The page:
Bobby Darin has had some difficult moments in his life and he wasn't always as calm, cool and collected as he appears to be now. He signed to his first recording contract with Decca when he was only 19 (young for that time),and at 22 he wrote a tune Splish Splash recorded it and won a gold record for it. It was the first of four such records, the last being Mack the Knife which also bought him two Grammy awards.

He made his nightclub debut with George Burns at the Sahara Hotel in Las Vegas and immediately became the first young (22) entertainer to headline at top clubs and hotels around the country.

Then in 1960 he made his movie debut in "Pepe" and decided he would retire as a singer and concentrate on the screen. It was while he was making his second movie "Come September" in Rome that he met his wife-to-be, Sandra Dee. She was 18 and a Star. He was 24 and just starting out in the motion picture business , but they married and had a son, Dodd, who is now 10. They divorced 5 years ago.

Then came Bobby's involvement in politics and his campaigning for Bobby Kennedy , whose death was a shattering experience for him. He went to live for a while up in Big Sur, CA and wrote some moving songs which were recorded in two albums, very well recieved by music critics but not by Bobby's fans, who wanted the slick, commercial songs he was known for. They didn't like his protest songs and his new blue-denim image.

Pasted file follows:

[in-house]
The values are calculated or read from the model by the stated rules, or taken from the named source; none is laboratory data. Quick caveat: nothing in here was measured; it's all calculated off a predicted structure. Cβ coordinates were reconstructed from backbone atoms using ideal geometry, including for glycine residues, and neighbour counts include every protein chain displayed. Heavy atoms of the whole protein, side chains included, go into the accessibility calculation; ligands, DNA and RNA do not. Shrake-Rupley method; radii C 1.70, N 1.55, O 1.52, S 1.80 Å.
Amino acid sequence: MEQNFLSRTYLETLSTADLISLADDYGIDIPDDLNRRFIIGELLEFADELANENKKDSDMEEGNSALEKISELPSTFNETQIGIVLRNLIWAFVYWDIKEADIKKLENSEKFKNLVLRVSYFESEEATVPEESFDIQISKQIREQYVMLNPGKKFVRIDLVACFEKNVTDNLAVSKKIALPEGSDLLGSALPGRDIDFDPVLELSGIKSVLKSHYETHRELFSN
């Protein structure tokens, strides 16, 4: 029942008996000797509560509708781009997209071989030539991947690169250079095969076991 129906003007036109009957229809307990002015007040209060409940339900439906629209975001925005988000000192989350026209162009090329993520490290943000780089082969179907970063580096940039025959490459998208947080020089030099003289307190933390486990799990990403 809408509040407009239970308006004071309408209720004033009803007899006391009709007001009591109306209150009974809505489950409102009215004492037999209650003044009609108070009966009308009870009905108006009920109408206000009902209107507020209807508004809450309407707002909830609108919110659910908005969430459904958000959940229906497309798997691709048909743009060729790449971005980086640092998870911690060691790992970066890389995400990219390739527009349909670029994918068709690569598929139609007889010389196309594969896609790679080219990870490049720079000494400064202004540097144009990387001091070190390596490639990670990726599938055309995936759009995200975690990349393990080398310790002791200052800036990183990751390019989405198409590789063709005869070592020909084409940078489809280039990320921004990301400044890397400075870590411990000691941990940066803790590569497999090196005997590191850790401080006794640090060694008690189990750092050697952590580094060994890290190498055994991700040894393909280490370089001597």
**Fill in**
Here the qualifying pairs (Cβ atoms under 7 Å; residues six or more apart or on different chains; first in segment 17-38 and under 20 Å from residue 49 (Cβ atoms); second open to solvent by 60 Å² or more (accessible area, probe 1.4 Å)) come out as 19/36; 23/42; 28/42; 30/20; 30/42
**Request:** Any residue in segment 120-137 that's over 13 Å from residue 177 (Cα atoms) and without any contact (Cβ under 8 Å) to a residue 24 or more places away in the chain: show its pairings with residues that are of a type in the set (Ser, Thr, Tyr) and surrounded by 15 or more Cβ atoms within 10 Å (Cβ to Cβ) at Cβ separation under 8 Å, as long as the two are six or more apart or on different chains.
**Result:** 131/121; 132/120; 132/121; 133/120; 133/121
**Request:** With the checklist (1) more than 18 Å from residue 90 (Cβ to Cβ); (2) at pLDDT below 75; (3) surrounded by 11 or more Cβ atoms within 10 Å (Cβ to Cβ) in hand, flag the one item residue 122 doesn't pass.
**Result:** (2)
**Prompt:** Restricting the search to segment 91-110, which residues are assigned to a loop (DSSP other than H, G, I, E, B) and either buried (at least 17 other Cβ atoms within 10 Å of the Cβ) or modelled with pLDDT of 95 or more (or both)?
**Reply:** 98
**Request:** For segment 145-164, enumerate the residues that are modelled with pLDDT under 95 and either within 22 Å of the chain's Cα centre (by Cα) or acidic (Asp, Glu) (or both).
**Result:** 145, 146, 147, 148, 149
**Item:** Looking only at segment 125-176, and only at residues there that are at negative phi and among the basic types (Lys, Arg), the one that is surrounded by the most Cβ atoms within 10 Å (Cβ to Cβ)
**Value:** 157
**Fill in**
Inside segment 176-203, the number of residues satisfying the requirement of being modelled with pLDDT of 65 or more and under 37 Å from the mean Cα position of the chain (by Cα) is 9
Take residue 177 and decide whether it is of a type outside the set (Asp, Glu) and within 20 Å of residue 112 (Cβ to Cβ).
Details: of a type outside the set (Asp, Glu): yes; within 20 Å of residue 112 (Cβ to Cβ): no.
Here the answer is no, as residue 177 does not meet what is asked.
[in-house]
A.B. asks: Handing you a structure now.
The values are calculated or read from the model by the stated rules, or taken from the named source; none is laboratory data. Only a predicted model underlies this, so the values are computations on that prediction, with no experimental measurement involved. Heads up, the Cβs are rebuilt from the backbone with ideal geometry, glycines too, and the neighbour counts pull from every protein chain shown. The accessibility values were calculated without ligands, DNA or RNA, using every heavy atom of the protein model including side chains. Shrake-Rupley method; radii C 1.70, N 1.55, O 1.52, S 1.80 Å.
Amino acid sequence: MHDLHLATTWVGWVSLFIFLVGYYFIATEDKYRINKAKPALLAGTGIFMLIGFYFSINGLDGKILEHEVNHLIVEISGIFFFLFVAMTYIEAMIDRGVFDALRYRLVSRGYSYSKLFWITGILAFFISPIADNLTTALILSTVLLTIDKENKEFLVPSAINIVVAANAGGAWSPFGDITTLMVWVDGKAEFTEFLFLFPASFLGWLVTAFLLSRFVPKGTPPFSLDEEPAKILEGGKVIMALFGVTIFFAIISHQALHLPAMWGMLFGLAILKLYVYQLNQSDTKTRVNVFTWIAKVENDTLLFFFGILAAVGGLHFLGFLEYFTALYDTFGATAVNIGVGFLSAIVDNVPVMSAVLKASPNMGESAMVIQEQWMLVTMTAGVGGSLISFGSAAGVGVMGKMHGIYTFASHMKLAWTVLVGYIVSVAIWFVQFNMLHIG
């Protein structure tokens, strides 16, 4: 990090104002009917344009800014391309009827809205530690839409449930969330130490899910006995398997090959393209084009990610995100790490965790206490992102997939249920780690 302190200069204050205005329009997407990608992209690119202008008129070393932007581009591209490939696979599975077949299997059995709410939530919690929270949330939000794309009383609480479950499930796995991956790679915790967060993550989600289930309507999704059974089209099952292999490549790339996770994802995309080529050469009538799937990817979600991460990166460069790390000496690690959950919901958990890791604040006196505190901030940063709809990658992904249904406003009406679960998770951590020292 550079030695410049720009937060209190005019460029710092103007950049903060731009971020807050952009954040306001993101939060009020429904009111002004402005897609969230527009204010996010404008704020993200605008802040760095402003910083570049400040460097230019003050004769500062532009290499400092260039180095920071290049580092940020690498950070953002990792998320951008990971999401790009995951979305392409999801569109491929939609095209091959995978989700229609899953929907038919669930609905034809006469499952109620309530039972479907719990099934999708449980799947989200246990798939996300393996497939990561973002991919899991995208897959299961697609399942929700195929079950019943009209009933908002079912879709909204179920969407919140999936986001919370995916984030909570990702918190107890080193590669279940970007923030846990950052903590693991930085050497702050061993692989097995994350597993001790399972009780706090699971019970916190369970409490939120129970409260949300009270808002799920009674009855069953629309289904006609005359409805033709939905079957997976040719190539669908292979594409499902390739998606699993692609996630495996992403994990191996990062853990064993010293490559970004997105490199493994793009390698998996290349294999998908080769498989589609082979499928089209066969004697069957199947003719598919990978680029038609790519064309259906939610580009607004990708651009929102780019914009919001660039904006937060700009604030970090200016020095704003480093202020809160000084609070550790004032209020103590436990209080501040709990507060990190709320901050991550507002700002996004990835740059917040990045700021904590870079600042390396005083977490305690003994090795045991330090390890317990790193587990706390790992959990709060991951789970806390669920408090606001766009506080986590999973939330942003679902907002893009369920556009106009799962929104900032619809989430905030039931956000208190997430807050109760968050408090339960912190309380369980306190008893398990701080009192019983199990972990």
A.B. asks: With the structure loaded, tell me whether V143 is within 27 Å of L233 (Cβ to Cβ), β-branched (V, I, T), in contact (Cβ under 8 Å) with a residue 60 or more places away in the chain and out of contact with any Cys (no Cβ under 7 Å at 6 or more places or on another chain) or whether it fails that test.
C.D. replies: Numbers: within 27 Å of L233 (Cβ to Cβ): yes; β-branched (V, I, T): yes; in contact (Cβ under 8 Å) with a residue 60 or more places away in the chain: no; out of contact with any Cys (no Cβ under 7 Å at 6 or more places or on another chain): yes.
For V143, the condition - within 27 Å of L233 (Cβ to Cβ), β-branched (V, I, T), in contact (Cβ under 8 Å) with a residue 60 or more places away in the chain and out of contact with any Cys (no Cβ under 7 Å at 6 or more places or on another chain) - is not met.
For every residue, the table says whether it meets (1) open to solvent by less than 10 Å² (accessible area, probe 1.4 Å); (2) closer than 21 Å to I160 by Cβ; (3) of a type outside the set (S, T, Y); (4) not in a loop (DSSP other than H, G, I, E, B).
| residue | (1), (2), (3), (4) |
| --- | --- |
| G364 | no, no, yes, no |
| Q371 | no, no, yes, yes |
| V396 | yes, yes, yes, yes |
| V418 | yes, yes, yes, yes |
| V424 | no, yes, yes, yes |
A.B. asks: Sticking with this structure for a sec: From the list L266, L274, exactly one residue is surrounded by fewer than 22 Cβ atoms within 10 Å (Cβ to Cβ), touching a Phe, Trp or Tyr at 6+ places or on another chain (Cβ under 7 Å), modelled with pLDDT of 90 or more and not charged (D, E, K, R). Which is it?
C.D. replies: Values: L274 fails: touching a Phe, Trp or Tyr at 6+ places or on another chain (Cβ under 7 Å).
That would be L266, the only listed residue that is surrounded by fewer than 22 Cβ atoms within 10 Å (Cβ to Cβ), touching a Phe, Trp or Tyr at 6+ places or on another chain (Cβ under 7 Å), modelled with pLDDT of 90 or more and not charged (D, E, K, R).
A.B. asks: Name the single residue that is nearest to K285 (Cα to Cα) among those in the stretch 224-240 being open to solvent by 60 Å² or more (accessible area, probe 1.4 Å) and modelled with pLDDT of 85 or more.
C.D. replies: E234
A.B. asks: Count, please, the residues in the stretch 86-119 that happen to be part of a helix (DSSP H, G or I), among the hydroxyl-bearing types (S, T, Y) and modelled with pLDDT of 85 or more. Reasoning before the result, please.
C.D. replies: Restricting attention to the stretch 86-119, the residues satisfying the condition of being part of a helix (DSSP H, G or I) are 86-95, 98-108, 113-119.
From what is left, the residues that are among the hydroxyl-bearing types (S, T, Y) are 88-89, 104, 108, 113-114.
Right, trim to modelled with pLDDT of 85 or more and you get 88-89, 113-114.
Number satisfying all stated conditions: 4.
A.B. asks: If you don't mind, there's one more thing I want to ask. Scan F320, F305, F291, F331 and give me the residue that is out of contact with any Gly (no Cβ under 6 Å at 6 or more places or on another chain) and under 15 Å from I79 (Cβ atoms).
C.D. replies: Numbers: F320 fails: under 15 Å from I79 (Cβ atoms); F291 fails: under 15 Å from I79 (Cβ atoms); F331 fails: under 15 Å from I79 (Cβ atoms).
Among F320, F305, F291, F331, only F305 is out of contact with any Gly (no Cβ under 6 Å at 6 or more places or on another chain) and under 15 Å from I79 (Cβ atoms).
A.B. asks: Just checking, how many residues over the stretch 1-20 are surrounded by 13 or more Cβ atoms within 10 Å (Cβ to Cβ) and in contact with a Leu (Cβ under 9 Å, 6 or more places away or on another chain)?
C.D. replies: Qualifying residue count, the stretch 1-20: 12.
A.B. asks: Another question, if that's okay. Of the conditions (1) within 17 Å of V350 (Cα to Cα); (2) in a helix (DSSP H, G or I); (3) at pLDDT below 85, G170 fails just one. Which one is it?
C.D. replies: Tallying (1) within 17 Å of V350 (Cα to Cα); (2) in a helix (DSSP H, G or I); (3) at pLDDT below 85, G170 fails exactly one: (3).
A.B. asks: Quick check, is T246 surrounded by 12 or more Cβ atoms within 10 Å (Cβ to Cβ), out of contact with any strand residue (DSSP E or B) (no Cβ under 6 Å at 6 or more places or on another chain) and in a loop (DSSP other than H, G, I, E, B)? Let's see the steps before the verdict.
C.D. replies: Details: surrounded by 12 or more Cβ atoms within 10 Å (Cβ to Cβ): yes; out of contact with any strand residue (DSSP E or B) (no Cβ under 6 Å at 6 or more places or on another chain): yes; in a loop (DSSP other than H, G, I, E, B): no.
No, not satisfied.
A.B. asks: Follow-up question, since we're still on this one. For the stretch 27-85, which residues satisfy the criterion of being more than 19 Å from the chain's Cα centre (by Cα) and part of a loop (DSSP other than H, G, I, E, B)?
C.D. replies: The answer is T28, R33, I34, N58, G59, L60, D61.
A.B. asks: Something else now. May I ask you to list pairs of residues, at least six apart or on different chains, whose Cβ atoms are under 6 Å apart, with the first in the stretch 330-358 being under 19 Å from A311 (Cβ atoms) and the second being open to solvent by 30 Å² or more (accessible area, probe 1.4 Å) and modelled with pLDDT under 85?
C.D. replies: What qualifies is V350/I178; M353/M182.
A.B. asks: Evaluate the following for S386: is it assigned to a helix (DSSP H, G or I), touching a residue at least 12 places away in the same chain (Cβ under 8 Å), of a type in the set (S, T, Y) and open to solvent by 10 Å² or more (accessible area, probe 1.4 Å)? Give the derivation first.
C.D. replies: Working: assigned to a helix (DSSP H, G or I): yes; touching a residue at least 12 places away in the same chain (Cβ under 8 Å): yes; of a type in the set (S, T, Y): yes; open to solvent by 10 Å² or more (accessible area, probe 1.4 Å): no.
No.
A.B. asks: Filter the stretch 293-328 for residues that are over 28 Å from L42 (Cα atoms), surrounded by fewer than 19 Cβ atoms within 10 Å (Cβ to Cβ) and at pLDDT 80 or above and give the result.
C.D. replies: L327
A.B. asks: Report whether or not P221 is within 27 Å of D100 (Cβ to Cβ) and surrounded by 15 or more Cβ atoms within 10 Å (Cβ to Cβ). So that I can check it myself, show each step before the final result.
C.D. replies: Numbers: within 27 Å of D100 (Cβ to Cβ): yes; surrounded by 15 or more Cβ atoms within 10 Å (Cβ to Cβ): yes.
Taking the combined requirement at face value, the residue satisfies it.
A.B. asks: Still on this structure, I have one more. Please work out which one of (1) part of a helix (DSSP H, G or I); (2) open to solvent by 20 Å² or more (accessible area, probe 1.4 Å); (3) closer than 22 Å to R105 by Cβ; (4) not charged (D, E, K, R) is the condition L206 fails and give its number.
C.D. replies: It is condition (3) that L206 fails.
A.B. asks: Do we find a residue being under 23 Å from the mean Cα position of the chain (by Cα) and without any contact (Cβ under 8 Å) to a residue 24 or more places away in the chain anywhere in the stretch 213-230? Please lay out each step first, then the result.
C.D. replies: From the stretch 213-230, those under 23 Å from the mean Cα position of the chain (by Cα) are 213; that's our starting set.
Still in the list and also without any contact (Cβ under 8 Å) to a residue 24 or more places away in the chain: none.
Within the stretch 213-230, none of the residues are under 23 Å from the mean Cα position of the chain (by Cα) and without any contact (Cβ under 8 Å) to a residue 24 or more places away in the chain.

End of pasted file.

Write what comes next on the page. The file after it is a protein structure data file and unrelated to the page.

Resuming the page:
After a short period of self-examination he finally decided to compromise and return to the saloon circuit a couple of years ago, more mellow and less revolutionary. Once again he was a success. Then in early 1971, after having lived for years with a damaged heart, he went to the hospital for open heart surgery. By last fall he was back playing nightclubs to capacity crowds.

Bobby would like to play more dramatic roles (he recently appeared in episodes of Ironside, Cade's County and Night Gallery) but producers aren't exactly breaking his doors down to sign him.

"It's not enough to want to play these roles. You must be asked," He says. "At one point in my life I resented the fact that I wasn't asked, but I no longer do. I now realize it's not because of my ability. Most people just don't think of me as a dramatic actor."

Bobby lives a fairly quiet life with his wife, Andrea (they are not legally married but consider that they are) and when he needs to relax and get away from it all, he goes camping. In fact, the trunk of his car is always packed with a sleeping bag, camp stove and other gear.

"Sometimes I go with Andrea, but many times I go alone if only for one day. Life is basically full of obligations and responsibilities , and when I'm alone at the beach or in the mountains, I can shake them off for awhile. Not that I would want to shake them off forever, but it's nice to move from one lifestyle to another, from my world of work to one where there is a paucity of material things and where choices don't exist-- except whether to feed a particular nut to a squirrel or a bluejay."


Bobby in 1972



Special thanks to John Goldsmith at WGEL Radio FM 101.7,Greenville IL. home of "The Goldie's Oldies Show" for contributing this article!